Muslim Community Adjusts to COVID-19 Challenges During COVID-19


With mosques closed around the world and social distancing practices in place, Ramadan is largely different this year. Many Muslims can no longer partake in communal iftars, group prayers or large celebrations. Ramadan is a social month of the year and now many Muslims must change traditions to adhere to the growing pandemic.

In the midst of COVID-19, Muslims and supporting community members are still finding ways to see the silver-lining during uncertain times.

Ramadan occurs one month out of every year, when Muslims around the world devote their time to fasting, prayer and charity work. The holy period falls on the ninth month of the lunar calendar and begins with the new moon. This year, the start date for Ramadan—depending on the time zone—was April 23 or 24.

During Ramadan, Muslims fast from sunrise to sunset. Fasting is one of the five pillars of Islam and is meant to be an opportunity to get closer to God, practice self-control and act in solidarity with the less-fortunate. It is also a time of self-reflection, self-improvement and generosity.

Healthy, adult Muslims primarily observe Ramadan by fasting. However, children, pregnant women, elderly, ill or traveling Muslims do not have to partake in fasting and can make the practice up at another time.

Charity work is an important activity during Ramadan since fasting is meant to bring compassion and empathy for the hungry. Muslims may participate in food drives through mosques or by inviting community members to break the fast when the sun sets—a meal referred to as iftar.

At the end of the month, Ramadan ends with a celebration called Eid al-Fitr. This days-long celebration includes feasting, gift-giving, prayer and spending time with family and friends.

The Al-Ma’idah Initiative is an organization with the goal of bringing together Muslim and Christian communities in Seattle. The initiative hosts monthly, casual events at a coffee shop for members of both religious communities to have conversations that promote friendship and understanding.

Last year, the initiative hosted an iftar-inspired dinner during Ramadan. The event had almost 100 attendees of both Muslim and Christian faiths. This year, this event was canceled due to the stay-at-home order in Washington state.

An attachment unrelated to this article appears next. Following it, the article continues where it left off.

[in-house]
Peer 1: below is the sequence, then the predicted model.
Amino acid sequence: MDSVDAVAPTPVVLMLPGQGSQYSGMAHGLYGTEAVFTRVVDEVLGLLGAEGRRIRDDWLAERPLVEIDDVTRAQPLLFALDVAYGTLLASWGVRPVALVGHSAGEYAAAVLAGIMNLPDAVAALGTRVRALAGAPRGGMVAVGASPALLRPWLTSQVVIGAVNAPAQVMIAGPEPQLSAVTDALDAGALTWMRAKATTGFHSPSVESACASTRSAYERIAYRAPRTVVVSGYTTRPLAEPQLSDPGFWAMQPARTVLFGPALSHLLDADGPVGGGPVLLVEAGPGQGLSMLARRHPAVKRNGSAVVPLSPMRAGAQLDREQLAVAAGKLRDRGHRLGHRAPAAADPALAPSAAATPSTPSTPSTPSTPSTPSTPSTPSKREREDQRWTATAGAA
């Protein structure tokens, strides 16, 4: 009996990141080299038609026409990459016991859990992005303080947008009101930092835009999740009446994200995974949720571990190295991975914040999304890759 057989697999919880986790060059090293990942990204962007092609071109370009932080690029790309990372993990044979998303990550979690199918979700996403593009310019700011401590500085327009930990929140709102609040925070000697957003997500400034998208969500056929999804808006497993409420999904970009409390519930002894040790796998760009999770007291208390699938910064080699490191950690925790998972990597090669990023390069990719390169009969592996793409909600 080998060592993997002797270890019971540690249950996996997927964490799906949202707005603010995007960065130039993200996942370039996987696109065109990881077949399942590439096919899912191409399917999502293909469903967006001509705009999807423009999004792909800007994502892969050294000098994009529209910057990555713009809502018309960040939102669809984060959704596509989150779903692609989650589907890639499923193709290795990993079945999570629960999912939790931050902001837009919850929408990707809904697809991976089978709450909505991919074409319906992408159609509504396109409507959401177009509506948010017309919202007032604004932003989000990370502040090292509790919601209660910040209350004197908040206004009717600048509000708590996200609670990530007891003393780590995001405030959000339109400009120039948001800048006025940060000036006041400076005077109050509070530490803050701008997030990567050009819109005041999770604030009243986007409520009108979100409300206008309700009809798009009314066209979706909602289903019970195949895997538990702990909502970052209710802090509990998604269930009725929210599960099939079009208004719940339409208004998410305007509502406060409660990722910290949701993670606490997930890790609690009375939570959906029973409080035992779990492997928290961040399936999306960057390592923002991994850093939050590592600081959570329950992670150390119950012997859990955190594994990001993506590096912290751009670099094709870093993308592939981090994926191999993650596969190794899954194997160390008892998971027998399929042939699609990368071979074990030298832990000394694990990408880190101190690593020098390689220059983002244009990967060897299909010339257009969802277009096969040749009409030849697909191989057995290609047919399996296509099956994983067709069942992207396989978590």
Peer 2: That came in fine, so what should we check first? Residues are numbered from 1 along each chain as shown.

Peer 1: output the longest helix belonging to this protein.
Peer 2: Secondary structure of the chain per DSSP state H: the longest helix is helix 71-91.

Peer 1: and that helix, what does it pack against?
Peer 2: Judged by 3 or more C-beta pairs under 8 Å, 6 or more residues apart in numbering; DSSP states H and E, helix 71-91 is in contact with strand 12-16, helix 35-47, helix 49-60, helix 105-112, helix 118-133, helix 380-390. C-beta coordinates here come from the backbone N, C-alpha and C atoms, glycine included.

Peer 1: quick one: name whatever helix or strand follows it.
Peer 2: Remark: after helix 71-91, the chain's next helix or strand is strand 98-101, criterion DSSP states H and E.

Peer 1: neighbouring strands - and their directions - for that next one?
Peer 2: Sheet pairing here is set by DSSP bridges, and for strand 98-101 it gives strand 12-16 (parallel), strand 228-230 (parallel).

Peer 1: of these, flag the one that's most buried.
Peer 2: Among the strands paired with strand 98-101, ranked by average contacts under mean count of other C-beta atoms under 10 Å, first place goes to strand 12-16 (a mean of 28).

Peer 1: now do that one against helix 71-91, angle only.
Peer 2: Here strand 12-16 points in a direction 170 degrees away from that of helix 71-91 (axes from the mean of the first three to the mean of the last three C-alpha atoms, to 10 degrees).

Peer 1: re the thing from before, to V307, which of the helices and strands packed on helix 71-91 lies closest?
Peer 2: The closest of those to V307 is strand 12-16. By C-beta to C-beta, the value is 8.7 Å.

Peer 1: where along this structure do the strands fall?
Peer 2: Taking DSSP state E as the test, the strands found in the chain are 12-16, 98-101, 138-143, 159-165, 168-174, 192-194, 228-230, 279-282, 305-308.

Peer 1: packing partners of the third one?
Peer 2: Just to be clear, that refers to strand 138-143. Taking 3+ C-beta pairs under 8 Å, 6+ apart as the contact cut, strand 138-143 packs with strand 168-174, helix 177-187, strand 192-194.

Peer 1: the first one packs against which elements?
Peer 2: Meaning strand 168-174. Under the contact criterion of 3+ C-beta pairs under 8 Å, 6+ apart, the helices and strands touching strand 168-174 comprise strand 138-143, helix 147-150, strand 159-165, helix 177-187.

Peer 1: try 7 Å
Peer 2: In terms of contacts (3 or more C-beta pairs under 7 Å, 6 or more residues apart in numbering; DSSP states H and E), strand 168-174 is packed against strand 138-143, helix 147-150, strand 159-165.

Founder James Rayment is not letting the pandemic stop him from furthering his organization’s goal of bringing together communities, especially during Ramadan. With all events canceled, Rayment is spending his free time reaching out to Muslim community members to check-in and provide support during Ramadan.

“I’m really focusing on the one-on-one relationships at this point and using that to build a better basis for the in-person events later,” Rayment said. “We’re going to try and bring the new things out of this—the new relationships, new opportunities and we want to hold onto those things we gain while working to get back to what we’ve lost and come out of this stronger.”

Malick Ndiaye, a French professor at Seattle University, is making the most of the month of Ramadan during COVID-19. Ndiaye has accepted that due to the pandemic, taking part in Ramadan looks different this year. However, he is still choosing to find the positive aspects of Ramadan.

“In every situation, there is positivity to consider, we have more time to strengthen our practice of Islam, educate ourselves in many ways and do prayers on time, which is a blessing,” Ndiaye said in an email statement. “Being able to fast is always a wonderful thing, as it means that I am in good condition, mentally and physically, so external factors are not of a big influence.”

While being at home with her family, Maya Jamaleddine, a fourth-year psychology major at Seattle U, is taking this month to strengthen her relationship to God and bond with her mom through faith.

Jamaleddine misses the community traditions she is used to during Ramadan, such as volunteering at a kitchen or going to IHOP for a middle-of-the-night feast, but she plans on doing her charity work when she is able. She is making the most of the holy month by praying with her mom and taking part in a Quran reading group with her aunt, who lives in Lebanon.

“I think it’s ok if traditions change as long as you have a good intent in your heart and that’s what I’ve been telling myself,” Jamaleddine said. “Even though I am not able to break the fast with my childhood friends that I’m used to—we can do it later, or we can do it online, and what’s important right now is that we all take care of ourselves.”

Although Ramadan will not be the same under this year’s circumstances, Muslims and community members are doing their best to uncover the good during uncertain times and continue to practice and connect to their faith.

The World Health Organization (WHO) published guidelines on how to safely celebrate Ramadan around the world during COVID-19.

Seattle U also published virtual resources for Muslim community members during Ramadan.